These phenomena are commonly misdiagnosed as hardware faults, RF interference, or dying batteries. In many cases, these anomalies are actually the sound of stereo multiplex transmission breaking down at its fundamental operating principle. If source audio is allowed to modulate the pilot tone, stereo reception and the resultant sound quality will be poor. If transient high-frequency signals panned hard left and right are prominent in the mix, stereo imaging and frequency response can be compromised.
Many audio engineers have discovered that switching the IEM receiver to mono mode seems to solve these problems. The pilot tone is not required for demodulation in mono, so switching to mono merely hides these problems. Providing artists with a coherent stereo IEM mix by mixing appropriately for MPX is a better solution. That said, the use of the mono operating mode may be useful in congested RF environments where the stability of a stereo multiplexed transmission may be compromised by interference.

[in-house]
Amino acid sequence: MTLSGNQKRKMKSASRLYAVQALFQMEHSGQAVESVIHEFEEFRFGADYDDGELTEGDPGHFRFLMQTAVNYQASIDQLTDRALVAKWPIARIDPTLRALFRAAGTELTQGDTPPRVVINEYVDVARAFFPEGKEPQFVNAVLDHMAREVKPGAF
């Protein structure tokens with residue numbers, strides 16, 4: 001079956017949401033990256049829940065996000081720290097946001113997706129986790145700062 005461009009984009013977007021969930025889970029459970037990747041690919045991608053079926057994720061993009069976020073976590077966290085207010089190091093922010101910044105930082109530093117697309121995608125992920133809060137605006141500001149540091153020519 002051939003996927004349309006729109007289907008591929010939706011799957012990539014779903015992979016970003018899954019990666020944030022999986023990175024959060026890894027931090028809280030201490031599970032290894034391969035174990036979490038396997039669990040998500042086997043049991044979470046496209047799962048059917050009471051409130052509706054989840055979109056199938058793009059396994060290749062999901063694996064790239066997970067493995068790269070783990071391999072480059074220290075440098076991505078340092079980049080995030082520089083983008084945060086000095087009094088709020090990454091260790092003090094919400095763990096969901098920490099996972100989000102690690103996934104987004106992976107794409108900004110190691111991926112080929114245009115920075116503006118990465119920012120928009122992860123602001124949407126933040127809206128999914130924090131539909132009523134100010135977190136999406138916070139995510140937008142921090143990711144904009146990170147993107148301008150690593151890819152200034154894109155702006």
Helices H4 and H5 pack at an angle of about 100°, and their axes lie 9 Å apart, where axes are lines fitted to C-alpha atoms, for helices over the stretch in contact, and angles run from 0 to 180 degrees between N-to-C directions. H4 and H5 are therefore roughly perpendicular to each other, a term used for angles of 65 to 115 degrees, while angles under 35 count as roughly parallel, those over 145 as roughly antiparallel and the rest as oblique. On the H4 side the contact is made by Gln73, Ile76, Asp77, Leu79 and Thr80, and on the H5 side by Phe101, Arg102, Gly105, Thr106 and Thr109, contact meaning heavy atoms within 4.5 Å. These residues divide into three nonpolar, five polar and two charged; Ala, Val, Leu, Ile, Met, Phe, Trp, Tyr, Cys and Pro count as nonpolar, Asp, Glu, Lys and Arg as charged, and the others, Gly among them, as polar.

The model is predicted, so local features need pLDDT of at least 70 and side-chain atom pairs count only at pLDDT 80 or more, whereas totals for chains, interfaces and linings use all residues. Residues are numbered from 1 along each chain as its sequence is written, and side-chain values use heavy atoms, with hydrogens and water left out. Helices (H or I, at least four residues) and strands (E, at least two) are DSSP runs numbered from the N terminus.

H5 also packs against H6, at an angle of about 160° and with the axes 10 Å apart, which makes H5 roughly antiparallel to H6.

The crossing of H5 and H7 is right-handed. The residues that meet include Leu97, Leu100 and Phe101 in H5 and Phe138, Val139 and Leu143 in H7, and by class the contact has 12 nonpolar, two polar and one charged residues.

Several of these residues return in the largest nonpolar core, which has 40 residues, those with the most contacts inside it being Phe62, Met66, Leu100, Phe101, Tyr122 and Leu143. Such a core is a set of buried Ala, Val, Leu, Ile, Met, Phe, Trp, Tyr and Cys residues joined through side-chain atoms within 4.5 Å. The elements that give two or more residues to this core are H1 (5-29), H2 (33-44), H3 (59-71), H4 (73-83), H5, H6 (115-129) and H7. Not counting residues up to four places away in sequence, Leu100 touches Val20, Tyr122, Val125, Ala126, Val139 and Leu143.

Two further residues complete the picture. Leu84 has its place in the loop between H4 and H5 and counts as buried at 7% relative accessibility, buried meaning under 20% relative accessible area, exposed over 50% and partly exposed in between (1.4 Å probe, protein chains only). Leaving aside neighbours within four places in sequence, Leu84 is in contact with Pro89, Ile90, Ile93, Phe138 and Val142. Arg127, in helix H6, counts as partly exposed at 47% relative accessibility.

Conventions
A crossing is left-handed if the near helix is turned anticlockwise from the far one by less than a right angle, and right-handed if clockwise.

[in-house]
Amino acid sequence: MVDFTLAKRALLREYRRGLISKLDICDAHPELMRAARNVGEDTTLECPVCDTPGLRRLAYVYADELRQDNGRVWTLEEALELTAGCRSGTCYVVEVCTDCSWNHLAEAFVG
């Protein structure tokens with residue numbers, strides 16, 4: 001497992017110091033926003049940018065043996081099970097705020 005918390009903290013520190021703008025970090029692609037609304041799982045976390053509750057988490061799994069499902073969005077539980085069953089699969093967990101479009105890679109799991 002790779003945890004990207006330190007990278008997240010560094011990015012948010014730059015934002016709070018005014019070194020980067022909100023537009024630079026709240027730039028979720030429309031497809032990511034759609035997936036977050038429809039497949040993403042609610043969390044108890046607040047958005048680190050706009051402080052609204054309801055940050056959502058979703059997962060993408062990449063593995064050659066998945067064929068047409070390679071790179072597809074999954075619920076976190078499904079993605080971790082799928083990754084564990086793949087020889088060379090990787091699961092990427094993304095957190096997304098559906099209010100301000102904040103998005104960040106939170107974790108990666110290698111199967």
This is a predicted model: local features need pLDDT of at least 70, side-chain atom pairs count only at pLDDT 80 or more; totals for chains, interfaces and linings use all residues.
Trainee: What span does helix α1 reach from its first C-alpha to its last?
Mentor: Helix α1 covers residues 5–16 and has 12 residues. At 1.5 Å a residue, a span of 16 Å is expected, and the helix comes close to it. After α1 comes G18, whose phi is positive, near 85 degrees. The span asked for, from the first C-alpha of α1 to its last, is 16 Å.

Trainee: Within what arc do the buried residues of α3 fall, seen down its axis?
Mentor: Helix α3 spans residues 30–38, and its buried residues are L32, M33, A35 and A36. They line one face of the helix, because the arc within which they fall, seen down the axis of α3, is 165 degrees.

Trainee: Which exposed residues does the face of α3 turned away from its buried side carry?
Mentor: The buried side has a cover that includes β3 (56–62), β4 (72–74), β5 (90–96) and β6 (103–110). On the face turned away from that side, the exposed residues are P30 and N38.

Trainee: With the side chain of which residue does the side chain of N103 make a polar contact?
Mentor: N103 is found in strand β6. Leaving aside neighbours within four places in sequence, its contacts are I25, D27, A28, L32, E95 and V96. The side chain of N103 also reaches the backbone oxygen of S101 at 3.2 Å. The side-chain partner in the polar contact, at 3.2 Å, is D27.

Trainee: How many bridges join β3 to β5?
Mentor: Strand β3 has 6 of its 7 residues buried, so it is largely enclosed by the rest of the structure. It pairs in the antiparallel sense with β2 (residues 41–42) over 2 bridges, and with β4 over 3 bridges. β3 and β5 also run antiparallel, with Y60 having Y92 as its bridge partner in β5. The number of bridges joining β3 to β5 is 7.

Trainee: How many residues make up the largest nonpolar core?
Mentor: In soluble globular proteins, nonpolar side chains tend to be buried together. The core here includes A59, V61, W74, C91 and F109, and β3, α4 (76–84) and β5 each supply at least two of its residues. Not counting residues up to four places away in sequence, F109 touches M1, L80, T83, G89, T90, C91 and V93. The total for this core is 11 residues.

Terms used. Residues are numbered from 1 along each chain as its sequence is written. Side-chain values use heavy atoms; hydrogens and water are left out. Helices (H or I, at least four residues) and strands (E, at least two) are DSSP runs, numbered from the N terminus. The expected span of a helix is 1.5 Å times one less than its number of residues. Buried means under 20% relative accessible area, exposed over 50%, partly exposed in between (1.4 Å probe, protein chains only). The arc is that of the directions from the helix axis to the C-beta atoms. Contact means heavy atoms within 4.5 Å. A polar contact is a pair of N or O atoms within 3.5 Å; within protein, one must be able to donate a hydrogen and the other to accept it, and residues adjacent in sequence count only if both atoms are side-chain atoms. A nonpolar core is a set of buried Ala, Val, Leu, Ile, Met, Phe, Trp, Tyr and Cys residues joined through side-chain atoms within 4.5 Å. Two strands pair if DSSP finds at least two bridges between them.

In terms of RF noise, IEM systems consisting of 3 or more channels require active combining in order to use a single transmit antenna. Connecting individual antennas directly to each transmitter is not recommended as this can enhance the power level of intermodulation products, increasing the risk of interference. Passive combining of IEM transmitters is also not usually recommended as this can lead to the generation of intermodulation products at disruptive power levels. Active combiners are recommended as they are designed to combine IEM transmitters while suppressing the power level of intermodulation products and keeping the signal noise floor to a minimum.